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All Work and No Play? Why Schools Around the World Are Cutting Back on Homework

An animated video of a ball hitting a book, indicating the shaky balance between work and play.
Many countries across the world are now restricting homework in a bid to reduce academic pressure. Illustration by (c) Reset Fest Inc, Canada

Education

All Work and No Play? Why Schools Around the World Are Cutting Back on Homework

'I think the best way to learn something is to revise it.'

Jyoti Gupta, a single mom from Mysore, a city in southern India, believes that homework is simply a helpful study resource for her 13-year-old. The digital media professional prefers to use it as a tool to brush up on what her daughter has learned in class. “I have chosen a school where the overall development of the child matters and the child isn’t stressed about schoolwork,” Gupta told Re:Set. Her daughter’s school gives her enough leeway to finish her homework the next day in case she finds herself caught up with after-school activities. “As long as the child is learning and it is a revision [of what’s covered in school] as homework, I’m OK with it. I do not believe in stressing the child out, just not worth it.”  

“I do not believe in stressing the child out, just not worth it.”  

Homework can often feel overwhelming and present itself in different forms such as holiday assignments. This was the case with Delhi-based siblings, Vatsal and Aviral Mishra. Summer homework was often a task that wasn’t dealt with until the last minute with their mom pitching in. While they’re both in college now, a few years ago, their lives revolved around decoding math equations and solving puzzles after school. Their mom, Neeta Mishra, a psychologist, would often end up doing 80% of the work for them.

A photo of the Mishra family posing together for the camera with big smiles. In this picture, there are four people, standing close to each other. On either are two young men in black shirts and khaki slacks, and in between is a woman in a yellow sari and a man in a grey shirt. In the background, we see a shelf in the leftmost corner - there are wine glasses arranged on it. On the right hand side, there are some couches and a painting that is hanging on the wall.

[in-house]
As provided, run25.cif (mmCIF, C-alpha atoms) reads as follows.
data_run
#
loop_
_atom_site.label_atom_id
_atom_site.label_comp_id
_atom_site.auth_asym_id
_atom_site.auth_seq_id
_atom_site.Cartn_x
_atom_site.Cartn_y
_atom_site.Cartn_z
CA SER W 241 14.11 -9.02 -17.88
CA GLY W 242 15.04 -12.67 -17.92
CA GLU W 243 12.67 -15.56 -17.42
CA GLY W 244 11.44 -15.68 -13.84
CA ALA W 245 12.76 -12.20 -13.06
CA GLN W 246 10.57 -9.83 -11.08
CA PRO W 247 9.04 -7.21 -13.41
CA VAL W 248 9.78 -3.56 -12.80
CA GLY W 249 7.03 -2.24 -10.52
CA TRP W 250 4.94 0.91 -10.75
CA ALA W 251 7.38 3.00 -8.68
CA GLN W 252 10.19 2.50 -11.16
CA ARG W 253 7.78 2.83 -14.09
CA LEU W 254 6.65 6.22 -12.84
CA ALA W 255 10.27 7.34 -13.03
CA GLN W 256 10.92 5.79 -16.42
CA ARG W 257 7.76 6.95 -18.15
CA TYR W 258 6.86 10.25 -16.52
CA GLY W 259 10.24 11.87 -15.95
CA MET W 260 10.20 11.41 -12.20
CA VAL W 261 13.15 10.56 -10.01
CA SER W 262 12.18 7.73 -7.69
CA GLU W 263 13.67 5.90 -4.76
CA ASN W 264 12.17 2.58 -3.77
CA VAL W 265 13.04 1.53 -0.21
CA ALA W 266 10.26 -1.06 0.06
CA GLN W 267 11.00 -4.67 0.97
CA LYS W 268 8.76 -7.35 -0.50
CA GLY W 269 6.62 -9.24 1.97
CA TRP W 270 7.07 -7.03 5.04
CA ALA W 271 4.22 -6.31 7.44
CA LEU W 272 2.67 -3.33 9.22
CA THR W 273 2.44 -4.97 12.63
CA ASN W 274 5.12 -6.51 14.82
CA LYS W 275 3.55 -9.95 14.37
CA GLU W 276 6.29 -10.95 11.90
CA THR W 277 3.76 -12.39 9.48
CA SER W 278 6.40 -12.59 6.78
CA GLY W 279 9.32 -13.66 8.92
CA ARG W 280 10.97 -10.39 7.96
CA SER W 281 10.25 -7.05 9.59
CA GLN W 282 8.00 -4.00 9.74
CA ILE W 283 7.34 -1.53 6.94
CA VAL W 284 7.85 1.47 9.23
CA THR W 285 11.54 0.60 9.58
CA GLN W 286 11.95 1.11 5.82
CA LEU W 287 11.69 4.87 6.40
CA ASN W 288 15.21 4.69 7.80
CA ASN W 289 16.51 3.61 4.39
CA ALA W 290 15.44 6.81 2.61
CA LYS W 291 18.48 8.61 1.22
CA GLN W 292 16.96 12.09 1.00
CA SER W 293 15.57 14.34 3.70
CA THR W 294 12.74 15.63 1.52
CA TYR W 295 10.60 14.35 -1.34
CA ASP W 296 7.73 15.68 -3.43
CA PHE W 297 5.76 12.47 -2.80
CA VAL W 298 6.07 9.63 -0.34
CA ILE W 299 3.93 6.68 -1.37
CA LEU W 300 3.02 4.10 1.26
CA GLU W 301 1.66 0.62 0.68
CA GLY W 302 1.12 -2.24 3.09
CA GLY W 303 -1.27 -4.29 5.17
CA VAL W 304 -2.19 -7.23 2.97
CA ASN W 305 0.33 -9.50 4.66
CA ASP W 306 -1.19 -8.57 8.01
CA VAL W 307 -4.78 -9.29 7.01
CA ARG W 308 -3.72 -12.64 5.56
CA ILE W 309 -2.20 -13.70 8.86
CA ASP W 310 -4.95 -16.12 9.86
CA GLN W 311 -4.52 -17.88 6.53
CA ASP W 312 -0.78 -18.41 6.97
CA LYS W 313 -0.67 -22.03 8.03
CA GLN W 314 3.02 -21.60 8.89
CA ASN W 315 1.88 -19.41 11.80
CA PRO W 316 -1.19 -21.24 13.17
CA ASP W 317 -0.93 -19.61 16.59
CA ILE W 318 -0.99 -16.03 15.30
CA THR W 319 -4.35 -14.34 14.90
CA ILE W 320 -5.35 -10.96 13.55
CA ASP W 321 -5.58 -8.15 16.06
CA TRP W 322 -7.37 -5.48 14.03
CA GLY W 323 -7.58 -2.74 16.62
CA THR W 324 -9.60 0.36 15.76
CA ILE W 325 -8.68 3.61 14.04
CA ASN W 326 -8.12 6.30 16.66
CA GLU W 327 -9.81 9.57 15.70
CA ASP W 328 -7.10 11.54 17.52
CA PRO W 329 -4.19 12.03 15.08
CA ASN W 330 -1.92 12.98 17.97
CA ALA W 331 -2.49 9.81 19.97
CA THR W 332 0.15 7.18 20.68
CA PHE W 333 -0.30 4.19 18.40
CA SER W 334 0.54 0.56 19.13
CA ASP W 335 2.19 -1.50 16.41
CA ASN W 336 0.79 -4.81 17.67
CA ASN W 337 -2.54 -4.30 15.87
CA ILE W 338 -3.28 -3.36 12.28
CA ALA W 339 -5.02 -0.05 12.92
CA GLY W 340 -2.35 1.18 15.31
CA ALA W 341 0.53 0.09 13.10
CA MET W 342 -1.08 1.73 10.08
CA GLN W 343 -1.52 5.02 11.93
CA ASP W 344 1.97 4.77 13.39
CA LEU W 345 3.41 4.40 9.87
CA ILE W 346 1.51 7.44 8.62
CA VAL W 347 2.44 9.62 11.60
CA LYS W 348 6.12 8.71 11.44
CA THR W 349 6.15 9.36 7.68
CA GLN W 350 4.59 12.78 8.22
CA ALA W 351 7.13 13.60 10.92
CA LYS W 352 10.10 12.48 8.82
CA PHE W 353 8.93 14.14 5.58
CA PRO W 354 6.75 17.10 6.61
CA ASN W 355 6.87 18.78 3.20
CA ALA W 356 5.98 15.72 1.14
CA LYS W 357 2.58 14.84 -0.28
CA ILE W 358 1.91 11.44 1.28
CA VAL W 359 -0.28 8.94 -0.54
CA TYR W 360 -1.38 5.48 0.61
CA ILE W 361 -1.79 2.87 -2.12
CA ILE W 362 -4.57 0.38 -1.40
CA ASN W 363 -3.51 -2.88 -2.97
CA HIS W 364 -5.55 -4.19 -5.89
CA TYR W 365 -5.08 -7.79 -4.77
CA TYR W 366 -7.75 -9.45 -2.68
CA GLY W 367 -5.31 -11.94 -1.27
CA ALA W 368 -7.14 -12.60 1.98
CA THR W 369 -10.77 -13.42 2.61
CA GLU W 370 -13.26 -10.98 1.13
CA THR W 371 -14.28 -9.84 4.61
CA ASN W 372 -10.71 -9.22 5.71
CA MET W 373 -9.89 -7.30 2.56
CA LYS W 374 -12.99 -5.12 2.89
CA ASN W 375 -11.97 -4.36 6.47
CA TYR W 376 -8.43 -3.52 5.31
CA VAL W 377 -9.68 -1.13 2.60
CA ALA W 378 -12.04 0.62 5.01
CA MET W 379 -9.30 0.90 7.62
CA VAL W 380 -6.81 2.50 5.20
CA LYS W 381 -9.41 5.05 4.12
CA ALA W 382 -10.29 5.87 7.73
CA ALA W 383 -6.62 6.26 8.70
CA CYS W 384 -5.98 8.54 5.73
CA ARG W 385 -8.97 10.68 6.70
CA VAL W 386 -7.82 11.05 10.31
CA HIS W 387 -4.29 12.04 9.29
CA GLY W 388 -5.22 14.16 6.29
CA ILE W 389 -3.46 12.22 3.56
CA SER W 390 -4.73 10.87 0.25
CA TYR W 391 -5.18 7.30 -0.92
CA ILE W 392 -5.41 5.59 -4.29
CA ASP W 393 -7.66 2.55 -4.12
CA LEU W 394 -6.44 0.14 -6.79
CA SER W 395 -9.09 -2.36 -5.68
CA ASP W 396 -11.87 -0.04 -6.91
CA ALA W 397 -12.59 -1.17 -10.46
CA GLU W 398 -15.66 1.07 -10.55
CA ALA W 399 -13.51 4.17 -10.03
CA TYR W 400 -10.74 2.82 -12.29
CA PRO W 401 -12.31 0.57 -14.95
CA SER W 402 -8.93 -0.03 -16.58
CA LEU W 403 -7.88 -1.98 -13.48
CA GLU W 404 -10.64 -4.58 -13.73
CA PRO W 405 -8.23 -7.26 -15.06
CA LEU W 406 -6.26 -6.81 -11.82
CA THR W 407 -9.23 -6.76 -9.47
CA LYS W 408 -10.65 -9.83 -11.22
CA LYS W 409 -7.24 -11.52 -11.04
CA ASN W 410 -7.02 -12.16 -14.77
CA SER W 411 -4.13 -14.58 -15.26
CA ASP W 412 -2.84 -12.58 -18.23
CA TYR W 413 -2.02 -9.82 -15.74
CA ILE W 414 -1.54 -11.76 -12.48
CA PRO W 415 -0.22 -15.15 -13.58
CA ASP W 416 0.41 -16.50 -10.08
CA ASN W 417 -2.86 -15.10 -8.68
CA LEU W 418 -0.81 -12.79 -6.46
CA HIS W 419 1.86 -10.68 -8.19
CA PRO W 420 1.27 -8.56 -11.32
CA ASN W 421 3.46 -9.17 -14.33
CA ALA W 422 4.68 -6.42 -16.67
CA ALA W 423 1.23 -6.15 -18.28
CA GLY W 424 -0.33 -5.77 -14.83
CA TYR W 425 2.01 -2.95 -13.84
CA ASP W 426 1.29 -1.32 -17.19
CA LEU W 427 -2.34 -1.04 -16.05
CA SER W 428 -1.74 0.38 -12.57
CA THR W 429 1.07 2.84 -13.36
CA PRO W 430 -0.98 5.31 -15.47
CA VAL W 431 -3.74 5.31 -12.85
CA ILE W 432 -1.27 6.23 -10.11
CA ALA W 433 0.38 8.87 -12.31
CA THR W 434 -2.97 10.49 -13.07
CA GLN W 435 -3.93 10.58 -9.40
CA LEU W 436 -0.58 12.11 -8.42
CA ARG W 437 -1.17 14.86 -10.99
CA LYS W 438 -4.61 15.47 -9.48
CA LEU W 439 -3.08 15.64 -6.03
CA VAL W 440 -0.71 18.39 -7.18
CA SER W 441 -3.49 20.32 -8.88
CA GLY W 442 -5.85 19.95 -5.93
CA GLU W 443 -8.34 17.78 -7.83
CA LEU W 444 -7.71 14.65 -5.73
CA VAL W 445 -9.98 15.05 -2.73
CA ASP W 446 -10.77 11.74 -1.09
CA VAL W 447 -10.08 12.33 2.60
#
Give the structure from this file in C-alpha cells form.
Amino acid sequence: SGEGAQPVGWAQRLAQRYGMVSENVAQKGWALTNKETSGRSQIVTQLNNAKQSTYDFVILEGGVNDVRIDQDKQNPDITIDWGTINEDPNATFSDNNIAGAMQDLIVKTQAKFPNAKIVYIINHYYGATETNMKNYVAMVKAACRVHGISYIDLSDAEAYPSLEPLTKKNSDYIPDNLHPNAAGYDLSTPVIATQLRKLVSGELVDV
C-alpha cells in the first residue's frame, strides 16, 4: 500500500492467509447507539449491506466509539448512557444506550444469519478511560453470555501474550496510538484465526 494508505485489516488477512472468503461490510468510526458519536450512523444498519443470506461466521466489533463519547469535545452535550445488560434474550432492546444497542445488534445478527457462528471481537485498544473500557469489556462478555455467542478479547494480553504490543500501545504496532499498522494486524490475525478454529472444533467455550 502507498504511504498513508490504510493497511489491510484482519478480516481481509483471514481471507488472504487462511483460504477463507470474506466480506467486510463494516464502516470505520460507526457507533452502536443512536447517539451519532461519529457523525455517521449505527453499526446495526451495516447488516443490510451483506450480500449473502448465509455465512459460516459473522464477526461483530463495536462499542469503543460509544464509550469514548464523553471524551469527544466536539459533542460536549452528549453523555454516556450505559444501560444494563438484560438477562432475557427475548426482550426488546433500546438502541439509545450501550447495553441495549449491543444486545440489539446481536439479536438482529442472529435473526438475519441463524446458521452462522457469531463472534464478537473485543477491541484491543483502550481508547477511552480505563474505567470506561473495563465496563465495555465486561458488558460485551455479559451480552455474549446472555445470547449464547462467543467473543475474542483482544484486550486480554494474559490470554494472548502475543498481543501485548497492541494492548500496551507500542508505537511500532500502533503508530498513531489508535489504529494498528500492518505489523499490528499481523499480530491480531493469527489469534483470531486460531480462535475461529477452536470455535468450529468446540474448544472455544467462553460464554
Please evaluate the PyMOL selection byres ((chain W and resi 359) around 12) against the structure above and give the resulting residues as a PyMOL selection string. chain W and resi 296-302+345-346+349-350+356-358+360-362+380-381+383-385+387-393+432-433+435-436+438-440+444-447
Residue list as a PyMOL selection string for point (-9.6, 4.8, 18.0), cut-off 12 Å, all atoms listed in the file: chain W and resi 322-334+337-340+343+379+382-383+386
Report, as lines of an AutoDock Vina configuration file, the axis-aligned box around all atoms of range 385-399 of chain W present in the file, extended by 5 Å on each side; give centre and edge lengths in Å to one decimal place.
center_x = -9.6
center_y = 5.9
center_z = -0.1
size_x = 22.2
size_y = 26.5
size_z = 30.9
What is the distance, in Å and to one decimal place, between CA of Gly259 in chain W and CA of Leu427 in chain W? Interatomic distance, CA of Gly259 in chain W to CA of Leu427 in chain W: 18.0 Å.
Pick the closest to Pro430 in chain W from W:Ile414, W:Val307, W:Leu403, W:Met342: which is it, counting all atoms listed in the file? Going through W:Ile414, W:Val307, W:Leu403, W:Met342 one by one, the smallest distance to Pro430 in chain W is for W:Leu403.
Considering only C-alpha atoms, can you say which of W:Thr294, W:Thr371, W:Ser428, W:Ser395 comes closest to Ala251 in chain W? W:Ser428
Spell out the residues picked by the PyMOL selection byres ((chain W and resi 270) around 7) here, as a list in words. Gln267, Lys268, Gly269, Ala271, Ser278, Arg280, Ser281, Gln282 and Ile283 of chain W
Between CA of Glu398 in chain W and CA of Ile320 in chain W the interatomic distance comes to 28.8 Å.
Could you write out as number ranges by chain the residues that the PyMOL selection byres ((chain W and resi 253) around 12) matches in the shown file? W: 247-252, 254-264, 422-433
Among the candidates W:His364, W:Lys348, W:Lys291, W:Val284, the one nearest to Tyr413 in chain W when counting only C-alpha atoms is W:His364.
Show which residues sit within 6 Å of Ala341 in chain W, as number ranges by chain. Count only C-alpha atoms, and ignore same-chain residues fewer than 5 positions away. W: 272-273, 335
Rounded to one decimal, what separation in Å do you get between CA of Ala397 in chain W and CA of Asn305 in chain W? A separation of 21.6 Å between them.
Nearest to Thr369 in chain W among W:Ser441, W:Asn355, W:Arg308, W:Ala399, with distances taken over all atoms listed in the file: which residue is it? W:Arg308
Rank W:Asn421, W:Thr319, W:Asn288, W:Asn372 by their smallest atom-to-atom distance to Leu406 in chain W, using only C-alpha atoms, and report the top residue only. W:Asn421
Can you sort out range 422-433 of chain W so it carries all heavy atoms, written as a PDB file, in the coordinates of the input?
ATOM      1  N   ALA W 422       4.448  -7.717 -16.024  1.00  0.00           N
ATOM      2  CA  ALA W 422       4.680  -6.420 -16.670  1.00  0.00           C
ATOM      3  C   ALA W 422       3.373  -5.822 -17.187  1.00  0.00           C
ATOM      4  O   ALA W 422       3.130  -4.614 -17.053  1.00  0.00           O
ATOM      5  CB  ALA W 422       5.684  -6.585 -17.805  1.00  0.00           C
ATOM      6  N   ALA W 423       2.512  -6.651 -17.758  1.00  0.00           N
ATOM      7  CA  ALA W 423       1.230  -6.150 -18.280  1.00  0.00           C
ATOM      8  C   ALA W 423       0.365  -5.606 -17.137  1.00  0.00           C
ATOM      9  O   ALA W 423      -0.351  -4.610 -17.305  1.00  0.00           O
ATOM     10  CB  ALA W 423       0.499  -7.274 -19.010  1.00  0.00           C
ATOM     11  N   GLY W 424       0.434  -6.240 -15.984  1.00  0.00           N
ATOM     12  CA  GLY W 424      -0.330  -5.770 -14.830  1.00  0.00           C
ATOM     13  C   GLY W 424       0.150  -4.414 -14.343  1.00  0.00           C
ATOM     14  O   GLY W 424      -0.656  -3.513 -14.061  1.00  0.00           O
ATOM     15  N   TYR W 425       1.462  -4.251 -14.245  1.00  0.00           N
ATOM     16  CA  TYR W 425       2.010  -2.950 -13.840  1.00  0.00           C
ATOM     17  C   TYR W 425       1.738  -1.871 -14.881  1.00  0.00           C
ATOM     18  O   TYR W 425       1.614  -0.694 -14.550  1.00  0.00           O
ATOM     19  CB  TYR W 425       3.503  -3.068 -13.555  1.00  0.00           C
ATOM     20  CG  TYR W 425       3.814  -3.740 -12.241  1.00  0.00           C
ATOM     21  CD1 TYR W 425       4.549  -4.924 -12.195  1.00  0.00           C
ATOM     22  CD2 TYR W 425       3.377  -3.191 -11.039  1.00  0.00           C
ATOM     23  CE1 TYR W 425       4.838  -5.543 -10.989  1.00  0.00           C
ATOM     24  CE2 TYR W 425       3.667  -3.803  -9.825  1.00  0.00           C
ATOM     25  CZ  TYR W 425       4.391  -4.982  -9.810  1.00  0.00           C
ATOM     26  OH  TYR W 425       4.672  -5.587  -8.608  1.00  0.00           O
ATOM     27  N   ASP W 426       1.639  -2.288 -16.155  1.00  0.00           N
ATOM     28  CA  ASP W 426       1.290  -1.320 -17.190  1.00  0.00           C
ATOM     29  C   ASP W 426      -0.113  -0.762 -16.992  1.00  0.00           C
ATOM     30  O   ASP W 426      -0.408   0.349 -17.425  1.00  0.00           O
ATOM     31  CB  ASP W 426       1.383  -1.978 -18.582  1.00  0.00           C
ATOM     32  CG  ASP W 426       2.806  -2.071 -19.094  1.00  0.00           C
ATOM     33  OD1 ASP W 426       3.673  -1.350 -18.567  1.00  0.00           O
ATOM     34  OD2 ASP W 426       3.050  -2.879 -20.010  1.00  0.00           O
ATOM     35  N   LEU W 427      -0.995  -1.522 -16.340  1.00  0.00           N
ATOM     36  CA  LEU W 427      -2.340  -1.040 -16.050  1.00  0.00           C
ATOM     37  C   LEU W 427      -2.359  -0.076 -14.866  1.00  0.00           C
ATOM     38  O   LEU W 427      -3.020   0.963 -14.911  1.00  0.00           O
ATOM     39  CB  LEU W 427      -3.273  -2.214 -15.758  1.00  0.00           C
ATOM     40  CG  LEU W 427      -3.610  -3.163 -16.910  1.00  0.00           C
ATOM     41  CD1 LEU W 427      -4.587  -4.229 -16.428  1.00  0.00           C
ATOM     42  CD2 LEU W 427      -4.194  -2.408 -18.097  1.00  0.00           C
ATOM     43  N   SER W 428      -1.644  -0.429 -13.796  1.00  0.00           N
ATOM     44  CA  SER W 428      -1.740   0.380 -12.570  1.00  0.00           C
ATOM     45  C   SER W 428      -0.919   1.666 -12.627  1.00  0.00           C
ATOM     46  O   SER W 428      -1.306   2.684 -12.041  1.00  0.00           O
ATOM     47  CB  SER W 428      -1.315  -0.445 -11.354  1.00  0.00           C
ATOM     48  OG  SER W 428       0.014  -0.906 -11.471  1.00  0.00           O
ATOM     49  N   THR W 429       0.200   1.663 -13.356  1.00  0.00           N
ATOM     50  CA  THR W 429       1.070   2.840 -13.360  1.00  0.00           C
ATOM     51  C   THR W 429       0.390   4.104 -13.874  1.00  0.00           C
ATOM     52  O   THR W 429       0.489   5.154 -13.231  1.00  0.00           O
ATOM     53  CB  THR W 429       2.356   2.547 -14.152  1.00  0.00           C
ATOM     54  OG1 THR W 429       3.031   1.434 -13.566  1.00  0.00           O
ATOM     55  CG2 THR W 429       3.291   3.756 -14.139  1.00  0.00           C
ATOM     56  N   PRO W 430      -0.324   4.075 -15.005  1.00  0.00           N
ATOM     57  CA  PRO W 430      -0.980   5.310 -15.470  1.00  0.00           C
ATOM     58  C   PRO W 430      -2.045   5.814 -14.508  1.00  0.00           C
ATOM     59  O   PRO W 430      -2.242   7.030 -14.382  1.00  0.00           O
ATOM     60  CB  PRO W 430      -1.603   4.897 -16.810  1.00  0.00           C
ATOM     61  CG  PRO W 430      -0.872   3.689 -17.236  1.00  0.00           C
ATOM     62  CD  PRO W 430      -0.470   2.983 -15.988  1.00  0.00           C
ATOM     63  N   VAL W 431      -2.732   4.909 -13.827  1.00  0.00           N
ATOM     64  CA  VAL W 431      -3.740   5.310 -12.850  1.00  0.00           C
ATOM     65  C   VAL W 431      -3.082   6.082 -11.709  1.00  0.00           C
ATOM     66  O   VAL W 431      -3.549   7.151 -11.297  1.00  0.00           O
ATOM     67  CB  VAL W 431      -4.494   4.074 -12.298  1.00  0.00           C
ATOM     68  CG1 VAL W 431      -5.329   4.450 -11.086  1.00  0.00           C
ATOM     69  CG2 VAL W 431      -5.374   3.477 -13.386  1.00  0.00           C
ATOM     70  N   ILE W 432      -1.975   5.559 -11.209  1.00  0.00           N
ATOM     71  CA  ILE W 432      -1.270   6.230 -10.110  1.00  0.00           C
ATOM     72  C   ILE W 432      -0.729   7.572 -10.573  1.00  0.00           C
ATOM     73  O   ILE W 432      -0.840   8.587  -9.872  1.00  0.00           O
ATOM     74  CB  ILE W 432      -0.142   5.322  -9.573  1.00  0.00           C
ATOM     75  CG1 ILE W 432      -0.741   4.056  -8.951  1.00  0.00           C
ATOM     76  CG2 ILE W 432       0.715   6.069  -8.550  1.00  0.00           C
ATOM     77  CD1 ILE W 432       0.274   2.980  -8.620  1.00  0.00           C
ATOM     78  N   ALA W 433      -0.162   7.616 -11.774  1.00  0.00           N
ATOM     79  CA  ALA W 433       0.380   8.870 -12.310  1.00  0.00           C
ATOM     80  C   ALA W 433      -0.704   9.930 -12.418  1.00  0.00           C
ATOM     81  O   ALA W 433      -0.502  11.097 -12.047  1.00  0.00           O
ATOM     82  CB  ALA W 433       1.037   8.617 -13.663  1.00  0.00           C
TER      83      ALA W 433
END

For the Mishras, tackling homework as a family has been a learning experience. Photo courtesy: Sudhanshu Mishra

The family lives in Delhi, India, and is one of the many grappling with striking the right balance between work and play. For the Mishra kids, homework was a painful prospect especially during the summer. Their father, Sudhanshu Mishra, an IT professional was not a fan of holiday homework, but found it essential during the academic year. “It [sounds a little] old school…[but] I think the best way to learn something is to revise it,” he opined. 

In November last year, some schools in Dubai announced their decision to either reduce or eliminate homework to let students get more downtime. Across the world, countries such as Finland and South Korea have reduced their students’ homework hours. On the other hand, China is considered to have a significant amount of after-school work for its students, clocking at 14 hours every week. Finland, in comparison, only assigns homework that requires students to put in around three hours each week in a bid to offer kids a more balanced schedule. As per data from The National Education Association (NEA) in the United States, the recommended guidelines include assigning ten minutes of homework each night for the first grade with ten more minutes added for each grade after that. For example, a kid in the second grade may spend 20 minutes on homework, while an average high school student might be tackling 90-120 minutes of homework every evening.

“When there is too much homework…children do get stressed.”

In Neeta’s experience as a mental health professional, excessive homework can be detrimental to a child’s mental health. “When there is too much homework…children do get stressed,” she told Re:Set. “I feel that homework restricts them [and] it doesn’t provide them with enough freedom to realize their potential.” She favours homework in moderation.